Strong sales of household goods and a penchant for home shopping helped retail sales rebound in August, suggesting last month's interest rate rise did not deter shoppers.

The Office for National Statistics said sales rose 0.3 percent in August, putting them up 4.3 percent on the year. It also significantly revised up July's reading which was initially reported as a fall.

The pound rose and interest rate futures fell as the figures reinforced expectations UK interest rates will rise again before the end of the year.

Markets are currently pencilling in a rise to 5.0 percent in November as the Bank of England acts to curb inflationary pressures.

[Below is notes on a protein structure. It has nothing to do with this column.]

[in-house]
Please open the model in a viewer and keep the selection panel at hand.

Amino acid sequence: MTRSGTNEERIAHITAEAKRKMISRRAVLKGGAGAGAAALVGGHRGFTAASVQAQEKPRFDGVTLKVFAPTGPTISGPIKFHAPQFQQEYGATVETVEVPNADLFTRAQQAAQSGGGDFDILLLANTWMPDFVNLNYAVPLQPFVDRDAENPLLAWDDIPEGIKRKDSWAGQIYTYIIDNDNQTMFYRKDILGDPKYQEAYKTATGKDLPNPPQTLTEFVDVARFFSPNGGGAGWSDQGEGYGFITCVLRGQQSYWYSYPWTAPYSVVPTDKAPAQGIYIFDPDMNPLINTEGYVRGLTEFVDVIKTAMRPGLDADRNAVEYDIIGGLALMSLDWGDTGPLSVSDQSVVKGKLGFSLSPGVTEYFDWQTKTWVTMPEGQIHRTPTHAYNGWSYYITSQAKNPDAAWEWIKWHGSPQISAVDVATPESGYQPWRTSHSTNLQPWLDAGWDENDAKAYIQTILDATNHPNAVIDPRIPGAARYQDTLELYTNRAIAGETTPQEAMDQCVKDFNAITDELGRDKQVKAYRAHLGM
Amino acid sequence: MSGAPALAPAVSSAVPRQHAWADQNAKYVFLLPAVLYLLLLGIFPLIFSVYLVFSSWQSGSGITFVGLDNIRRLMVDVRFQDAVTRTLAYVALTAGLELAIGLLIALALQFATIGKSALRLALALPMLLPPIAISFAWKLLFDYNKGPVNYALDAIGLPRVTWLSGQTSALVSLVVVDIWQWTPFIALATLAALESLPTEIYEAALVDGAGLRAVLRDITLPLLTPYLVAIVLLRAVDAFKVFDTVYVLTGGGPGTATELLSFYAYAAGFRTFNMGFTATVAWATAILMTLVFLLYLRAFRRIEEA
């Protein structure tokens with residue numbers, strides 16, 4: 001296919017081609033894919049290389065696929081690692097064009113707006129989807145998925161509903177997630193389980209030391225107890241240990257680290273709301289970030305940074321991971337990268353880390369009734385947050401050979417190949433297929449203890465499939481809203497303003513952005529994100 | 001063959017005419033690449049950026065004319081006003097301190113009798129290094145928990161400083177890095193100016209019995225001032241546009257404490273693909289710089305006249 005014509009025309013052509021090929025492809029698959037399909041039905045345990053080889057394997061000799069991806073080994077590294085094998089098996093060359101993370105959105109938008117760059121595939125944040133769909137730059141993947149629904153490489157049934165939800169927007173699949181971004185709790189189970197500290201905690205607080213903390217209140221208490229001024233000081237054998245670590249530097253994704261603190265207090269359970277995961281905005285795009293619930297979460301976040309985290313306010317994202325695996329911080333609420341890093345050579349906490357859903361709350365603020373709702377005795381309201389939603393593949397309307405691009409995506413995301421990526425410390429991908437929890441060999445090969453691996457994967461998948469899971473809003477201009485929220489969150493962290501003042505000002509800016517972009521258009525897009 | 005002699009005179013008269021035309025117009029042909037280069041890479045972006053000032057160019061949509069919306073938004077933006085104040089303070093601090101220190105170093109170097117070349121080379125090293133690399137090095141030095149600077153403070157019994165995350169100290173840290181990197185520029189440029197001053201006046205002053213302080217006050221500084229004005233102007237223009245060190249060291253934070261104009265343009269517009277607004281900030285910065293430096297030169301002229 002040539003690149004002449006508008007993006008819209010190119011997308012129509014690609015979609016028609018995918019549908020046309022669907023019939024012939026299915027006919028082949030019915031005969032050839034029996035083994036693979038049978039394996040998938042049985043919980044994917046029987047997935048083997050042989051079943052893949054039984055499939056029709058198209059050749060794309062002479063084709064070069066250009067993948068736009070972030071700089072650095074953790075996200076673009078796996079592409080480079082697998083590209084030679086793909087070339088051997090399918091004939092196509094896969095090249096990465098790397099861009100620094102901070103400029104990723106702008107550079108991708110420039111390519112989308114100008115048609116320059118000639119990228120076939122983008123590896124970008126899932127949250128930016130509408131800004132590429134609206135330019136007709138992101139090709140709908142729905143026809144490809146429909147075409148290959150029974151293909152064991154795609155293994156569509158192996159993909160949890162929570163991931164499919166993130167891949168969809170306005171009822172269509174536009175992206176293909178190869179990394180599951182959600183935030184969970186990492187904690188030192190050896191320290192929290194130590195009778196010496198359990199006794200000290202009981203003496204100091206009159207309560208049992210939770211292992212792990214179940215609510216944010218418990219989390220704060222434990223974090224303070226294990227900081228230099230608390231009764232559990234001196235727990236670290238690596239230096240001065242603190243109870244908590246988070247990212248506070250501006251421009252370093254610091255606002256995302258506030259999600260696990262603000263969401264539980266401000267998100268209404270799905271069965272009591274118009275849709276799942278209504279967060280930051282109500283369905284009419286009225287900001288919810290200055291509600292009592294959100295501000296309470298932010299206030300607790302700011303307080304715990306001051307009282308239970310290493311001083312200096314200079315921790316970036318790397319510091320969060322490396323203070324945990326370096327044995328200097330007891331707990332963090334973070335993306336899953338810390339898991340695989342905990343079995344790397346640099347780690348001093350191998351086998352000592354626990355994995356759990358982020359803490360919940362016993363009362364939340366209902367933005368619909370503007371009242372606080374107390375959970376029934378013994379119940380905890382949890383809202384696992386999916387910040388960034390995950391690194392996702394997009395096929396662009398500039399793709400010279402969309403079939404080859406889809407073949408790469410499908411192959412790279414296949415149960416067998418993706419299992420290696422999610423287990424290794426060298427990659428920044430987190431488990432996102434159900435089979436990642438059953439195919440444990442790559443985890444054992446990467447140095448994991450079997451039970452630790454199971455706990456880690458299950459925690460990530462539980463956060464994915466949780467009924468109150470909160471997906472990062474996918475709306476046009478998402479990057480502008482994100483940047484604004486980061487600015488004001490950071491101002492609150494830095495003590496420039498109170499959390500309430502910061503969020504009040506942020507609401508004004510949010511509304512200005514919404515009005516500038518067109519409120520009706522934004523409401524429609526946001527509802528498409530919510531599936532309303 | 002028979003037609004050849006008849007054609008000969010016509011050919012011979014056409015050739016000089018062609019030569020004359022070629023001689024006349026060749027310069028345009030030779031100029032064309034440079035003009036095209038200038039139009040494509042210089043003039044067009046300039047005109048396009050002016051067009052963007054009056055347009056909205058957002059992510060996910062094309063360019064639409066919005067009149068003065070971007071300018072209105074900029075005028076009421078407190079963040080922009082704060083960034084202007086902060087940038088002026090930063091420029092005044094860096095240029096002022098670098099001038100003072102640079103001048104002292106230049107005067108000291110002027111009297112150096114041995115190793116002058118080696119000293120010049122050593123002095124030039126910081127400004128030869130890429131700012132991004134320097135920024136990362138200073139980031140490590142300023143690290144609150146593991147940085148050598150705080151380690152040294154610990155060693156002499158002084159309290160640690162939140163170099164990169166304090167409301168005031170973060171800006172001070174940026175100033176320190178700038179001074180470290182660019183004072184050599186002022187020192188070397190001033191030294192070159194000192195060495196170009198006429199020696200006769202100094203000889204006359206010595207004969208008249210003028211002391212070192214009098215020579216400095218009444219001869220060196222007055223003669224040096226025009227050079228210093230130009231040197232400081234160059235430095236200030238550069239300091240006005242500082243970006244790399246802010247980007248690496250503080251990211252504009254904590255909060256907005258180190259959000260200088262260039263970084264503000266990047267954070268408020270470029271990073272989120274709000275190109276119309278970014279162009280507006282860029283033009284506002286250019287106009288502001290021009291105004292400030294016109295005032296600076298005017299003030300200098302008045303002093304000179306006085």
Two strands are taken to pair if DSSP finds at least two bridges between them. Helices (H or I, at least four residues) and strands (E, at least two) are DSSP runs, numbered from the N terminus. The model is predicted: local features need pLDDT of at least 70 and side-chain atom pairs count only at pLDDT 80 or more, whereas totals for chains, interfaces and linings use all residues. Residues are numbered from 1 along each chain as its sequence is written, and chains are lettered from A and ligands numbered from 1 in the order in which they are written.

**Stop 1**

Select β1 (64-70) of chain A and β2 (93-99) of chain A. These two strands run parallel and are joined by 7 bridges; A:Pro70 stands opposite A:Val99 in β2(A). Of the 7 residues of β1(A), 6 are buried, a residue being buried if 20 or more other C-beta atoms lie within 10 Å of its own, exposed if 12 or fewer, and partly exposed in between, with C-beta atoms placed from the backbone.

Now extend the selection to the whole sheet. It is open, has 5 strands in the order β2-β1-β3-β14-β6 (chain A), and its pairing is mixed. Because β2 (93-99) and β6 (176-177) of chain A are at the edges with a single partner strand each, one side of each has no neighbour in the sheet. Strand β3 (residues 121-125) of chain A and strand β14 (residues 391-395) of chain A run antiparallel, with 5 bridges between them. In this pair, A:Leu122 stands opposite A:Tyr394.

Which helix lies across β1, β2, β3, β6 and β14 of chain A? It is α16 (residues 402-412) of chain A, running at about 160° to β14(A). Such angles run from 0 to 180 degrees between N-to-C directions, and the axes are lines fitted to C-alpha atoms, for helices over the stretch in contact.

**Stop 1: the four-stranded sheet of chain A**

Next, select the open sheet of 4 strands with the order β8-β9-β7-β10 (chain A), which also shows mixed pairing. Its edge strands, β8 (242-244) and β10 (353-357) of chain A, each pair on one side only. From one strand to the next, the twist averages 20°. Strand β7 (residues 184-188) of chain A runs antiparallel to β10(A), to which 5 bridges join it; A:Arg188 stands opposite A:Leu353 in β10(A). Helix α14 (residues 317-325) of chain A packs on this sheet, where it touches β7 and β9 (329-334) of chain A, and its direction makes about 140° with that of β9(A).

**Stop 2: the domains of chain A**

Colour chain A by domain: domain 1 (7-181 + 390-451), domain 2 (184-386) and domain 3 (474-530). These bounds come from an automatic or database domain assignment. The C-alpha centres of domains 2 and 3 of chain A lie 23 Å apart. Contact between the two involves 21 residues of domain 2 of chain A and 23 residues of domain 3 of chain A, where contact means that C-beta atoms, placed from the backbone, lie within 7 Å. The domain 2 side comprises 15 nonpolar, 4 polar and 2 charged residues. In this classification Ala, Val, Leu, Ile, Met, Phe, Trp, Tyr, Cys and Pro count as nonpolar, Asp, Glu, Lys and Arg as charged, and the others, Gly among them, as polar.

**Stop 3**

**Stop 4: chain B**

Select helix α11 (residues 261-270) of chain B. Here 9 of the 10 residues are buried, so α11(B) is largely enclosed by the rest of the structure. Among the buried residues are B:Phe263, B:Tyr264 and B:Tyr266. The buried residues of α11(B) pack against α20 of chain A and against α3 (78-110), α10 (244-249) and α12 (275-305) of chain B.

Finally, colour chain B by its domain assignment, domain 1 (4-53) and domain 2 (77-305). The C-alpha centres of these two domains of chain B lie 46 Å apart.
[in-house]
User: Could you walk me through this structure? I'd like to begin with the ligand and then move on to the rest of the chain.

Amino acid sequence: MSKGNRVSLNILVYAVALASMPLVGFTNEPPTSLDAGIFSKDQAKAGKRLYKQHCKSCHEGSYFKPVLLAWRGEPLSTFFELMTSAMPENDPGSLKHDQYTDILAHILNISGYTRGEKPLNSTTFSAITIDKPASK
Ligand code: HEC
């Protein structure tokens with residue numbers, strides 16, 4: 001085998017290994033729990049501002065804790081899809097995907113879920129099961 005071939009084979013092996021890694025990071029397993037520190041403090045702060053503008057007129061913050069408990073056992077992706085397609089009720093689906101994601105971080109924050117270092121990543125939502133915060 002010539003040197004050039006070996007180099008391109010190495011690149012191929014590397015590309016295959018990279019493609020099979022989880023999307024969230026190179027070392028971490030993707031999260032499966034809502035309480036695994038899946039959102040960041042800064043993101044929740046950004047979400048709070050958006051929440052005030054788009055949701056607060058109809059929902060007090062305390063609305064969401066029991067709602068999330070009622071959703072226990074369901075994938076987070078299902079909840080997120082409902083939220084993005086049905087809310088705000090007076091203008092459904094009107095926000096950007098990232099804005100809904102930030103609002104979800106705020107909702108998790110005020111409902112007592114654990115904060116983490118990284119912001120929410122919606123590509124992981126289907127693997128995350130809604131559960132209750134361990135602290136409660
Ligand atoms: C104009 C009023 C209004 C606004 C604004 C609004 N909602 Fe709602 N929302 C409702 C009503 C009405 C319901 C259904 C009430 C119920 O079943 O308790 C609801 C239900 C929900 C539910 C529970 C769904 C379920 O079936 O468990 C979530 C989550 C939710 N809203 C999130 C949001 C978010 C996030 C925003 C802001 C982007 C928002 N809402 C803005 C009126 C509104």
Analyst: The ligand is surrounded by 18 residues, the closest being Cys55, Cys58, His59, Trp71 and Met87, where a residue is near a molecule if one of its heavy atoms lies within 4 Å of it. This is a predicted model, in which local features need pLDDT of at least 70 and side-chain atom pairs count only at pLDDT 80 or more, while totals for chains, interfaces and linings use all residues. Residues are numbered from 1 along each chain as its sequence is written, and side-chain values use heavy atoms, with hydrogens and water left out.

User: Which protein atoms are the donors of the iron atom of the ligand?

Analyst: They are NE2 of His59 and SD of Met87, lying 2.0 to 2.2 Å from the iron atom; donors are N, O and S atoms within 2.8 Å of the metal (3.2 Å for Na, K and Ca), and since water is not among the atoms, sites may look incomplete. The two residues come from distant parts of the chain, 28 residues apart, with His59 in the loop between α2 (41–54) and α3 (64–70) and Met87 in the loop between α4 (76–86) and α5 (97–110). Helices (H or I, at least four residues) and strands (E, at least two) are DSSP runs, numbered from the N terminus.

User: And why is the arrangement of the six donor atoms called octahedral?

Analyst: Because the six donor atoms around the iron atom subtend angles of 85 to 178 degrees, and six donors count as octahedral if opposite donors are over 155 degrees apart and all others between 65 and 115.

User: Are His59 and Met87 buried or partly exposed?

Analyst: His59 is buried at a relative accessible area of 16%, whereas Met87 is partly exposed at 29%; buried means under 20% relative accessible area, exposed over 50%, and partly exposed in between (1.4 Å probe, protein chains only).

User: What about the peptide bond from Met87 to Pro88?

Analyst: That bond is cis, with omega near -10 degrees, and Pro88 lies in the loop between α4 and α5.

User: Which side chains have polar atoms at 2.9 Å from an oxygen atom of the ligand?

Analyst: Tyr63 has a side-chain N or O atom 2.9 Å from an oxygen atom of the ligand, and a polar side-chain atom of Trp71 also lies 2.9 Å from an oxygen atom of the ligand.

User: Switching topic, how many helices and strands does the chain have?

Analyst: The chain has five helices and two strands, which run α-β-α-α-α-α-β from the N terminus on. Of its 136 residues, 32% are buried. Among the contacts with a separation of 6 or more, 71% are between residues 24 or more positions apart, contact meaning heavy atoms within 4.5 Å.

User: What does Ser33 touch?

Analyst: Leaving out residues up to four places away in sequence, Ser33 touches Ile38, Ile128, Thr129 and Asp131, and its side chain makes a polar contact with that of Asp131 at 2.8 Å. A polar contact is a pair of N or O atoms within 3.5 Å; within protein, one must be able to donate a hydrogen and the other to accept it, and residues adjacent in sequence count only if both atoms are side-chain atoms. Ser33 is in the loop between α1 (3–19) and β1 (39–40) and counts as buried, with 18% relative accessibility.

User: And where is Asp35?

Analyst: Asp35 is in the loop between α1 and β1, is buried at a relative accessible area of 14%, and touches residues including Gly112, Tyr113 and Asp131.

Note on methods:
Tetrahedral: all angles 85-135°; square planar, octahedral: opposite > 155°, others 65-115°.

Indeed, retailers seemed to feel less need to cut prices to attract shoppers in August, with average prices just 0.1 percent lower than a year ago, the smallest level of discounting since January 2002.

With consumer activity robust and inflation measures continuing to increase, a November rate hike is looking increasingly likely, said James Knightley, economist at ING.

Sales growth was driven by household goods and non store retailing, such as mail order and internet shopping, which saw its biggest monthly gain in nearly four years.

This chimes with results from clothing retailer Next this week which showed a surge in its catalogue and internet business.

However, the ONS figures showed sales of food fell sharply in August more than reversing July's gain.